Although it was the defiant, decades-long struggle of the people that brought apartheid to its knees, and the ANC was part of the anti-apartheid movement, there was no revolution of any kind in 1994. The power-sharing deal between the ANC and the ruling apartheid National Party was the outcome of lengthy negotiations brokered by the West. Many of those South Africans who bought into the demagogy and helped build the trade unions today deeply resent what they see as its betrayal.
Now the political forces grouped around the ANC are feeling the sting of public opinion reacting to the Marikana massacre from a variety of points of view. In an editorial following the massacre, after tracing the history of exploitation of black workers in South Africa, the SACP deputy secretary-general expressed his indignation that charges of "authoritarianism" were being directed against such a democratic state with such a democratic constitution. He pleaded with people not to "demonize" the alliance because of the Marikana events.
The political cracks in the ANC's rule are widening and its true nature as servants of the parasitic capitalist class has been made more visible to many. As one observer commented, "People see COSATU-ANC as part of the same system that is oppressing them and are protecting the capitalist interests. Not just in the mines. Those people have become oppressors themselves. It's taken a number of years for people to see it but as time moves on, the interests of these black capitalists will also become clearer to them."
Naturally opposition parties are lapping up every false step of the ANC government for their own potential gain, constantly repeating charges of corruption and inept administration. And all is not well within the ANC alliance itself, which the Marikana massacre has further strained. As the ANC heads into its national congress in December 2012 that will decide whether to continue with Jacob Zuma or replace him, factions are vying over how to revitalize its posture for more social reform while pushing ahead with the neoliberal agenda and what it requires.
One rift involves Julius Malema, former leader of the ANC youth league who was recently kicked out of the party and is now facing prosecution for money laundering. Fist in the air, he also jumped into the miners' conflict as a platform for his dispute with the ANC leadership. A favourite distraction for the South African media, Malema (renown for, among other exploits, eating sushi off half-naked women's bellies at an ANC nightclub), has his own ambitions in national politics, so his timely denunciation of Zuma's "handling of the crisis" boosted his following, at least temporarily, particularly among ANC youth.
IV. Tensions continue to run high
With the murders and funerals of their comrades hanging heavily in the air, miners rejected several wage offers that did not meet their demands for 12,500 ZAR / month during more than four weeks of negotiations and continued skirmishes with the police, reinforced by army troops in Marikana, sent to prevent further political meetings and demonstrations. On 18 September Lonmin finally agreed to an unprecedented 22 percent wage increase. That gave rock drill operators 11,078 ZAR*** ($12,275) per month before numerous deductions, and general miners 9,611 ZAR, up from 8,164 ZAR. Most Lonmin miners returned to work two days later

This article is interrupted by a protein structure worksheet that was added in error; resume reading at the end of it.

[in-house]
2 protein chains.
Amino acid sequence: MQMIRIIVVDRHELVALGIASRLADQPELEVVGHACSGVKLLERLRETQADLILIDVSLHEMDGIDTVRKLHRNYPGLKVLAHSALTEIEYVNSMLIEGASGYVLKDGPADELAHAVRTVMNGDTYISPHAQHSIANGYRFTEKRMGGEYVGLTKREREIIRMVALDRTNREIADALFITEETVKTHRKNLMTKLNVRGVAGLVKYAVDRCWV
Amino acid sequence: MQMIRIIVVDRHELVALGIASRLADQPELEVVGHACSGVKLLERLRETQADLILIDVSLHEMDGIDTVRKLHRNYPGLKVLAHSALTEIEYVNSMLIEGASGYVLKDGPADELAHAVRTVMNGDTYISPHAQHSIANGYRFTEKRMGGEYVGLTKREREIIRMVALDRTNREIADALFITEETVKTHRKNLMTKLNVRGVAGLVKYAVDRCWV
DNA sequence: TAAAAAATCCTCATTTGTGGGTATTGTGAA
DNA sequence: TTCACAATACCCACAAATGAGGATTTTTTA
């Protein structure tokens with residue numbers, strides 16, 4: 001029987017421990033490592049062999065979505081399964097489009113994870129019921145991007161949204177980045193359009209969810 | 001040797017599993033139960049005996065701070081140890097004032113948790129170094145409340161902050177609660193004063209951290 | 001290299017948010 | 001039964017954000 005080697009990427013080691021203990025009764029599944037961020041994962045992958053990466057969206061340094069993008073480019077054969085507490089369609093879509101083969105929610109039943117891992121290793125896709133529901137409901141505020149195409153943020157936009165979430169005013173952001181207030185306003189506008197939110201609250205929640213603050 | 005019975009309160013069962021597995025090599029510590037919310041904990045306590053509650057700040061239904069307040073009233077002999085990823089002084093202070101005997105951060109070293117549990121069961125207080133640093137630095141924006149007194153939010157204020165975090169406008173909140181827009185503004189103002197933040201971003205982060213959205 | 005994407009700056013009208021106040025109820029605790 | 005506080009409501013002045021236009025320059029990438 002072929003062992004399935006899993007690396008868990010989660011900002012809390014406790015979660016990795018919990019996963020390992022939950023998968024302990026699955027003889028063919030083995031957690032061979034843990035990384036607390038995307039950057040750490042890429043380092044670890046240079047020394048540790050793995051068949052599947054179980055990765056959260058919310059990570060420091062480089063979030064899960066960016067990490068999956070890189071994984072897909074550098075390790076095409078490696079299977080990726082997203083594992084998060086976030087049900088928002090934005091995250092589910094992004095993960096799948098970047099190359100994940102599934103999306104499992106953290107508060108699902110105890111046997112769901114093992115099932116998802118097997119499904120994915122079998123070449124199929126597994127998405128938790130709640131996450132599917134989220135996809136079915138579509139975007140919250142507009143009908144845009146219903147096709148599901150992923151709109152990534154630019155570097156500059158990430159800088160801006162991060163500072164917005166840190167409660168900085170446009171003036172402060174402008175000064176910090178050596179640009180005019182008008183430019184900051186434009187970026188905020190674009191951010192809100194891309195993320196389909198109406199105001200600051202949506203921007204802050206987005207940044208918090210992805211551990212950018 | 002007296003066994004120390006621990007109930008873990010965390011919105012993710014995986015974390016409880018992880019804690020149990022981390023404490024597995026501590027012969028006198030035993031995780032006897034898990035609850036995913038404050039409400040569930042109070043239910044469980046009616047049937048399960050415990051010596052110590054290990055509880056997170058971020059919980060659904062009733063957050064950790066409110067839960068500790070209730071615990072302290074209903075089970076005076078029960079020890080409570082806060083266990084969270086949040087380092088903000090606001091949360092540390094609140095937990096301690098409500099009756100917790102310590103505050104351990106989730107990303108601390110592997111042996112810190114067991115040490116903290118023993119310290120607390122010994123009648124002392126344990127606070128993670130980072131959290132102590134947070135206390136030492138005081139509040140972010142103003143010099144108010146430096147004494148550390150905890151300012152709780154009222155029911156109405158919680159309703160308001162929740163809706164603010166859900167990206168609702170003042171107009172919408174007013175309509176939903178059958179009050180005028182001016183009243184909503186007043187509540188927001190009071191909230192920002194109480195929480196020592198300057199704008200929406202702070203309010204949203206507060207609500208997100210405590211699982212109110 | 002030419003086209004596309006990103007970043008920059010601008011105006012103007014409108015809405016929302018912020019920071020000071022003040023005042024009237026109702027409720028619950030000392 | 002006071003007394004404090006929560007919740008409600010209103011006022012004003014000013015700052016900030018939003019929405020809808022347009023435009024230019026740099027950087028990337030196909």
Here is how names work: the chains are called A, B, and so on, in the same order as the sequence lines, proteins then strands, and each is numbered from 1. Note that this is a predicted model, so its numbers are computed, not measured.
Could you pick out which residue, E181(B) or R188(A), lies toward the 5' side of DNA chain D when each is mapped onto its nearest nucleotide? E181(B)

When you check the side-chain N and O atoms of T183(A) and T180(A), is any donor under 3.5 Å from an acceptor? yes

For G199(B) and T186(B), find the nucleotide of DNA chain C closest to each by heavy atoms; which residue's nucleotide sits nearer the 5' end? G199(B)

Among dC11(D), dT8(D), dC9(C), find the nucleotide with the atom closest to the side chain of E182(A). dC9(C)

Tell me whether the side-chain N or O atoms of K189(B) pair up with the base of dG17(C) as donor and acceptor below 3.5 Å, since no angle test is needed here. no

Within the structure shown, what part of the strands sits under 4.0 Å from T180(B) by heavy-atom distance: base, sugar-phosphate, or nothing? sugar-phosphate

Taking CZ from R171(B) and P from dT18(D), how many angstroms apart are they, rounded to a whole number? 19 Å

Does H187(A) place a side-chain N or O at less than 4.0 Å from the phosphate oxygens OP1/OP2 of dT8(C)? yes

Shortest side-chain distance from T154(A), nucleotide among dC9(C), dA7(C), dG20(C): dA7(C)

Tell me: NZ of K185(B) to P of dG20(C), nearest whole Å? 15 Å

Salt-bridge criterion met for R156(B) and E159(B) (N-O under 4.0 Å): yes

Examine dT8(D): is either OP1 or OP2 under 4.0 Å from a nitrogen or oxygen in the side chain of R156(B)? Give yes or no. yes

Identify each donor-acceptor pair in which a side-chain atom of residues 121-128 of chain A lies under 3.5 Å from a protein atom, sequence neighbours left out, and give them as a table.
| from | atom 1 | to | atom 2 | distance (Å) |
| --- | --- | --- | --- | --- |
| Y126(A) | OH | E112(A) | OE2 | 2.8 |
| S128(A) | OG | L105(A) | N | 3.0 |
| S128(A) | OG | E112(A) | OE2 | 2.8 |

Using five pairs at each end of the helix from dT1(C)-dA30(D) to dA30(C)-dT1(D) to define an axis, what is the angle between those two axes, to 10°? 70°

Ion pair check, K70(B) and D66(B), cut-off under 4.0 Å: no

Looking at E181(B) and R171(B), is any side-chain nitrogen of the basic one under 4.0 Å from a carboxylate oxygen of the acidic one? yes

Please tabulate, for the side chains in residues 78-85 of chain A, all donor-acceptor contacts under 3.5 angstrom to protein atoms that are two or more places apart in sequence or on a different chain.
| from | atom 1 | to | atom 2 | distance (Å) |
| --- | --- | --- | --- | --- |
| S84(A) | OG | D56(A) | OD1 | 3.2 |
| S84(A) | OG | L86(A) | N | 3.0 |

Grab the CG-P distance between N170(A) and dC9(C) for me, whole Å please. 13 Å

A planned four-month long inquiry has begun and more ugly details of this mass execution are likely to emerge. But not without a struggle. On 2 November strike leaders who had presented initial testimony and were returning to their township were stopped by a police barricade. Lawyers reported that police put a hood over their heads and told them that if they talked they would be shot.
The Lonmin settlement came far too late to stop the spark to many other platinum mines, as well as chrome, iron ore, and especially gold mines.
In particular, after the massacre 15,000 miners at Goldfields' KDC West shaft sent the NUM packing in a dramatic sequel to Marikana, demanding similar wage increases. They were followed shortly afterwards by 24,000 miners at AngloAshanti Gold. On 2 November that company announced it was suspending its operations at two mines. More than 8,000 of the striking workforce at KDC East were then fired, and dismissal appeals are pending.
Twelve thousand striking workers from four Anglo Platinum (Amplats) mines in Rustenburg have been out for seven weeks and are still refusing to return without a hefty wage increase. In an effort to get tough, to "draw a line in the sand" and break miners' will and expectations after the Lonmin deal, management dismissed them all, before offering to reinstate them later in the month; some speculate that this is to wipe out benefits built-up and avoid severance pay. Strikers marched on NUM offices to withdraw their membership and on 30 October instead of returning to work they built barricades with rocks, logs and burning tyres, blocking fire engines and confronting a police helicopter, water cannons and several armoured vehicles. A power sub-station was set on fire at the Khuseleka shaft in Rustenburg and the NUM office was also targeted. "We won't go to work until we get what we want", one miner said. "Our kids have been shot at, our families have been terrorised and brutalised, but we are not going back to work."
* The article "Hunted like Beasts" by investigative photojournalist Greg Marinovich (Daily Maverick, Mail & Guardian) more or less corroborates the brief summary here, based on his and the accounts of several others who went to the Rustenburg area during or after the massacre, spending time at the sites where the miners were killed and collecting stories from eyewitnesses or from those who escaped death that day; much of it has been avoided by the mainstream media because of the pure police terror it implies.
** Amplats is owned by the infamous conglomerate, Anglo-American, whose massive global wealth accumulation is tightly intertwined with its sordid history of exploiting black workers under apartheid rule.
*** Up from 9,063 ZAR before the strike, which after deductions came to between 4-5,000 ZAR. The Mail & Guardian reported that many workers didn't understand their pay slip, it was so confusing.
Sources: Mail & Guardian, Financial Mail, Sunday Times, The Sowetan, Daily Maverick, Bench Marks Foundation, iafrica, Forbes, Lonmin, Amplats, a wide range of political organisations' websites and many other press accounts.
Thanks to several comrades who contributed to this article.